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These creepy 3D masks prove we're closer to Westworld than you think

A new camera from Bellus scans your face in high resolution with crazy detail, making you the next Dolores or Teddy.

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Xiomara Blanco
XIOMARA_BLANCO-4218-001.jpg

Xiomara Blanco

Associate Editor / Reviews - Tablets and monitors

Xiomara Blanco is an associate editor for CNET Reviews. She's a Bay Area native with a knack for tech that makes life easier and more enjoyable. So, don't expect her to review printers anytime soon.

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2 min read

It's jarring to see someone's face casually splayed on a conference table like a stack of pamphlets.

Yet, there it was.

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The creepiest mask I ever did see.

Xiomara Blanco/CNET

After a confused double-take, I realized what I was looking at that chilly January day at CES: an uncannily realistic, creepy-AF mask of some dude's face. Bellus 3D was to blame. And, weirdly, to congratulate.

The company makes a 3D face camera for mobile devices that scans your face in high res with crazy detail, an accomplishment. Once it's scanned, the company can send you a file that you can then send to a 3D printer to make into a mask.

Screenshot/Xiomara Blanco

And the masks that Bellus 3D was showing at CES 2017 were nothing like the wacky, cartoon-esque rubber masks infamously used to make fun of US presidents. These looked really, really real. If the masks looked any better, they would rival the the Hosts from Westworld.

The Bellus 3D folks say the infrared scanners on its camera read over 500,000 3D points on your face, and it's really simple to use. Once the camera is connected and the Bellus 3D app is launched, you position your head within an outlined parameter, stare straight ahead, turn to the left when prompted and then again to the right.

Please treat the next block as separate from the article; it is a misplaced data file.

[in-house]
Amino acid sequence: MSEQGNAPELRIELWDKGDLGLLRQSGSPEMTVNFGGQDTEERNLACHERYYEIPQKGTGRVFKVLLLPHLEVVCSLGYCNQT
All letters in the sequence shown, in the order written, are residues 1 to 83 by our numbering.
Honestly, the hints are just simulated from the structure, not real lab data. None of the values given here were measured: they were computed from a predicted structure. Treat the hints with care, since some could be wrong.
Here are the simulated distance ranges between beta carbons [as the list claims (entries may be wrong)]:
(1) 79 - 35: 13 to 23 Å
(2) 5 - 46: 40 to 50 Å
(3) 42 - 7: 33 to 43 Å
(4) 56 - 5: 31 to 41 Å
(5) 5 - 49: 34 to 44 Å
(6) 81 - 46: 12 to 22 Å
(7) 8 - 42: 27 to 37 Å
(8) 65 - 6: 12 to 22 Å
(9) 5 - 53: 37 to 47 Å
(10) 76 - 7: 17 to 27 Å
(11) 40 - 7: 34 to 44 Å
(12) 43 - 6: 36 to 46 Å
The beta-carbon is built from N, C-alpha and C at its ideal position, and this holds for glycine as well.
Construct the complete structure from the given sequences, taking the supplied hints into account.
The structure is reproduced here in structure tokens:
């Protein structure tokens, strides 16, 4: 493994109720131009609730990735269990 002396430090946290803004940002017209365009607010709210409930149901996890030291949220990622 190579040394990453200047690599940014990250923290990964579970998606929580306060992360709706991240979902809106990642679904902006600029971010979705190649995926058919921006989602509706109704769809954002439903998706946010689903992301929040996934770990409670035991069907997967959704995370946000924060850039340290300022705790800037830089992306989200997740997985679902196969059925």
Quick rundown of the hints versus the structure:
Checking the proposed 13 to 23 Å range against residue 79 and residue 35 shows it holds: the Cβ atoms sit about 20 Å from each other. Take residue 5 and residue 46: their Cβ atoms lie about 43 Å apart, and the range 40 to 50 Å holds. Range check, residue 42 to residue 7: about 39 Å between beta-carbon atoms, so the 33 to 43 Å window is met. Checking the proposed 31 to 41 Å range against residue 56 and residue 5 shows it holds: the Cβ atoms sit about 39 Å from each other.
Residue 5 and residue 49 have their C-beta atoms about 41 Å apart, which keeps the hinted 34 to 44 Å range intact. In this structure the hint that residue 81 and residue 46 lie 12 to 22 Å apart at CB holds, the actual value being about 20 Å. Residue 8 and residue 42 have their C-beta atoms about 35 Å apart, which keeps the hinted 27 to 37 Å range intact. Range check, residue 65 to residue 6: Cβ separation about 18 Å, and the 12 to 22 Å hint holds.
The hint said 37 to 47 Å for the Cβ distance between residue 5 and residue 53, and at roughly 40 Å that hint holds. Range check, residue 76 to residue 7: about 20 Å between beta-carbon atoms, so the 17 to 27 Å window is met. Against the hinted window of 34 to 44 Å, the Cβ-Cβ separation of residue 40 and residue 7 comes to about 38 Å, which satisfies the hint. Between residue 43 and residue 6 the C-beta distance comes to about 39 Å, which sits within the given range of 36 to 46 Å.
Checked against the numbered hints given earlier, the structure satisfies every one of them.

Screenshot/Xiomara Blanco

The scans, which are available to view shortly after, are impressively accurate with incredible detail. You can see and zoom in on every wrinkle, pore and hair follicle in full color (eek!). The uses for dermatologists, ophthalmologists and cosmetic surgeons are immediately apparent.

Screenshot/Xiomara Blanco

There's an eeriness knowing that you can make a lifelike replica of your own countenance. Like, what would you even do with it? Could it be used to steal your identity and rob a bank? Will this make catfishing even worse? Are we only a few years away from having the tools to make Westworld a reality? (As in the 1973 movie version, since the HBO TV series is more like year 2067 high-tech.) Is this the Upside Down? At the very least, it's good enough to trigger my Uncanny Valley reflex of super-creepiness.

But if making accurate 3D face masks sounds up your alley, you're kinda out of luck. The Bellus 3D face camera will be made available sometime in the first quarter of 2017, in limited quantity, to developers and partners only.

The wackiest, weirdest gadgets of CES 2017

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